[1:52] We just have a build job.
[1:53] We tell it to use the latest version of Ubuntu, and then we tell it to check out the code.
[1:58] All of this is pretty standard GitHub workflow boilerplate.
[2:00] You can read their detailed documentation for more details.
[2:03] Finally, we have the code that builds the Arduino sketch.
[2:06] There’s a couple of bits here that do need some explanation.
[2:10] FQBN is the most tricky one.
[2:12] FQBN stands for Fully Qualified Board Name.
[2:15] It is comprised of the board’s core name, architecture and board identifier.
[2:19] For example, the FQBN for the Arduino UNO is Arduino colon AVR colon UNO, where Arduino
[2:26] is the core name, AVR is the architecture and UNO is the board identifier.
[2:32] It is pretty easy to get a complete list of all the FQBN values.
[2:36] You just need to make sure you have the Arduino command line interface installed.
[2:39] If you don’t have it, then you can easily install it from the official Arduino website.
[2:43] You then just run arduino-cli board listall.
[2:47] Now if your board isn’t listed, for example the ESP32 boards, do not come as standard, then
[2:52] you can simply add them by following the same steps you would use from the Arduino GUI.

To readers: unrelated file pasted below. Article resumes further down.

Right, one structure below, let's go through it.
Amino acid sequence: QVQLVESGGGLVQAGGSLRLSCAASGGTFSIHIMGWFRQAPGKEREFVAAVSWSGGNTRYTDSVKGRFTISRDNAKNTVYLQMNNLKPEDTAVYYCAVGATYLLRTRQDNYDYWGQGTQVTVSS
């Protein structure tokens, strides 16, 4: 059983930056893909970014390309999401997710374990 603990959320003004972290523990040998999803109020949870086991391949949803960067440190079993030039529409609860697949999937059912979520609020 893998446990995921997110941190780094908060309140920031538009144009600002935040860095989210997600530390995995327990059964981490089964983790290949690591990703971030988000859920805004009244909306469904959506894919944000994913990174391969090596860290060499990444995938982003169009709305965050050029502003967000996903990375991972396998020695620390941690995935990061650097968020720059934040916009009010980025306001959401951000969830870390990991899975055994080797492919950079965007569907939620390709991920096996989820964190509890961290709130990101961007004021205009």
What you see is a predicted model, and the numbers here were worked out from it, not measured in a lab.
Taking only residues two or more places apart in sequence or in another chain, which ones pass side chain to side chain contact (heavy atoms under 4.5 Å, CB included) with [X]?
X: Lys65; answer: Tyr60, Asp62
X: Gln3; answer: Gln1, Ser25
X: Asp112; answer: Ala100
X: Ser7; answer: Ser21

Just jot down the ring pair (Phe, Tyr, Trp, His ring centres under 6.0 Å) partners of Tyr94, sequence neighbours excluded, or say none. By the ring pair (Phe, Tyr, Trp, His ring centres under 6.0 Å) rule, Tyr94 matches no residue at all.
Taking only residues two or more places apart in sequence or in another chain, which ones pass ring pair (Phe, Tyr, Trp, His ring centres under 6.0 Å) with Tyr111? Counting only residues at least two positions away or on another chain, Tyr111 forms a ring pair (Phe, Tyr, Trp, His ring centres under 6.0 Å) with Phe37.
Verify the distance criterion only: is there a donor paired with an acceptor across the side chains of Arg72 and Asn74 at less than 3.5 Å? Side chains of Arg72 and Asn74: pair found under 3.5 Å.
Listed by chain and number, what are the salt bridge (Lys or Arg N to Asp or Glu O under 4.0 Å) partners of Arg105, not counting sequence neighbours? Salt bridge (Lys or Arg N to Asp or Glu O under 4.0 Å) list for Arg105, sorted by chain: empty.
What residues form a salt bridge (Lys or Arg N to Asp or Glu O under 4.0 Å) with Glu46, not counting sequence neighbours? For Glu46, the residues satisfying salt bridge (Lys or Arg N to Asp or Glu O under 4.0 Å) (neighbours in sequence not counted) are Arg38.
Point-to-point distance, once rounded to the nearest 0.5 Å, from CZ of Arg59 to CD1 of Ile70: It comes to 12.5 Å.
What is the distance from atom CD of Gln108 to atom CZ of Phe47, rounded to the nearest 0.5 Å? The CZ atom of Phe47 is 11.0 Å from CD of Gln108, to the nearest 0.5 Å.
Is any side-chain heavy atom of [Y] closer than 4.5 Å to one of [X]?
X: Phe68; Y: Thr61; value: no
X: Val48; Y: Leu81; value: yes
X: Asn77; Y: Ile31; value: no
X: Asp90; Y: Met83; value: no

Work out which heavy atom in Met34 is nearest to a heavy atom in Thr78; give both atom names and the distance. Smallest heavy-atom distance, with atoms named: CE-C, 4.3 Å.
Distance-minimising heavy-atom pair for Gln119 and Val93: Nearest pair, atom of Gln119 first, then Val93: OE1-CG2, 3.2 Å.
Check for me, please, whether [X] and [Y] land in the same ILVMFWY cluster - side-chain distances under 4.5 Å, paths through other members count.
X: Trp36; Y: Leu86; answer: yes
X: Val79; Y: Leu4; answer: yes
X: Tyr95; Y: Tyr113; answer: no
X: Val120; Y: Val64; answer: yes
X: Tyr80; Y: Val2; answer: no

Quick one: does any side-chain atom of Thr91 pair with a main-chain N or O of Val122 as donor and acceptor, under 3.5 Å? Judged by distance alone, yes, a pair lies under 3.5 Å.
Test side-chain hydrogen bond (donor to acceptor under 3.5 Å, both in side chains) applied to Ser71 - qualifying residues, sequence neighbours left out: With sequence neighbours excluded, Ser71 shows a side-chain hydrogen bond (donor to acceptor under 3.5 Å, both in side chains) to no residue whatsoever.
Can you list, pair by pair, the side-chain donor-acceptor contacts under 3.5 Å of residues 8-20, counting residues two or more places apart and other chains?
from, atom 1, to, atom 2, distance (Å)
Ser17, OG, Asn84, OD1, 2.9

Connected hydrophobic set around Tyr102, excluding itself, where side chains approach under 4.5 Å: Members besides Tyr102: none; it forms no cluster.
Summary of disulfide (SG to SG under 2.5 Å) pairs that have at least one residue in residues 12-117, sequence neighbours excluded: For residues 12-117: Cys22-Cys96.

[2:56] First you add the additional URL to the board manager, and then you update the board index,
[3:01] and then finally you install the ESP32 boards.
[3:05] Back in the github action, if your FQBN is not part of the standard install, then you
[3:09] need to add it to the platform section.
[3:11] In this example, we’re adding the ESP32 boards.
[3:15] The next important section is the list of libraries that your sketch needs.
[3:18] And then the final argument is the list of paths that contain sketches.
[3:22] It all sounds pretty complicated, but it really is very simple, and the actual file is only
[3:26] 20 or so lines long.
[3:28] With the file in place, you will now have a GitHub action that runs every time you push
[3:32] up changes to your repository.
[3:33] To get a nice build badge, simply go to the repository and select the actions tab.
[3:39] Select your action, and then click on the three dots.
[3:41] You can now copy and paste your badge code into your readme file.
[3:45] Let’s push up some broken code and see what happens.
[3:48] We can see the action kicks off, eventually it will fail with an error.
[3:51] If we go and check our email, we can see that we’ve got an alert telling us that it failed.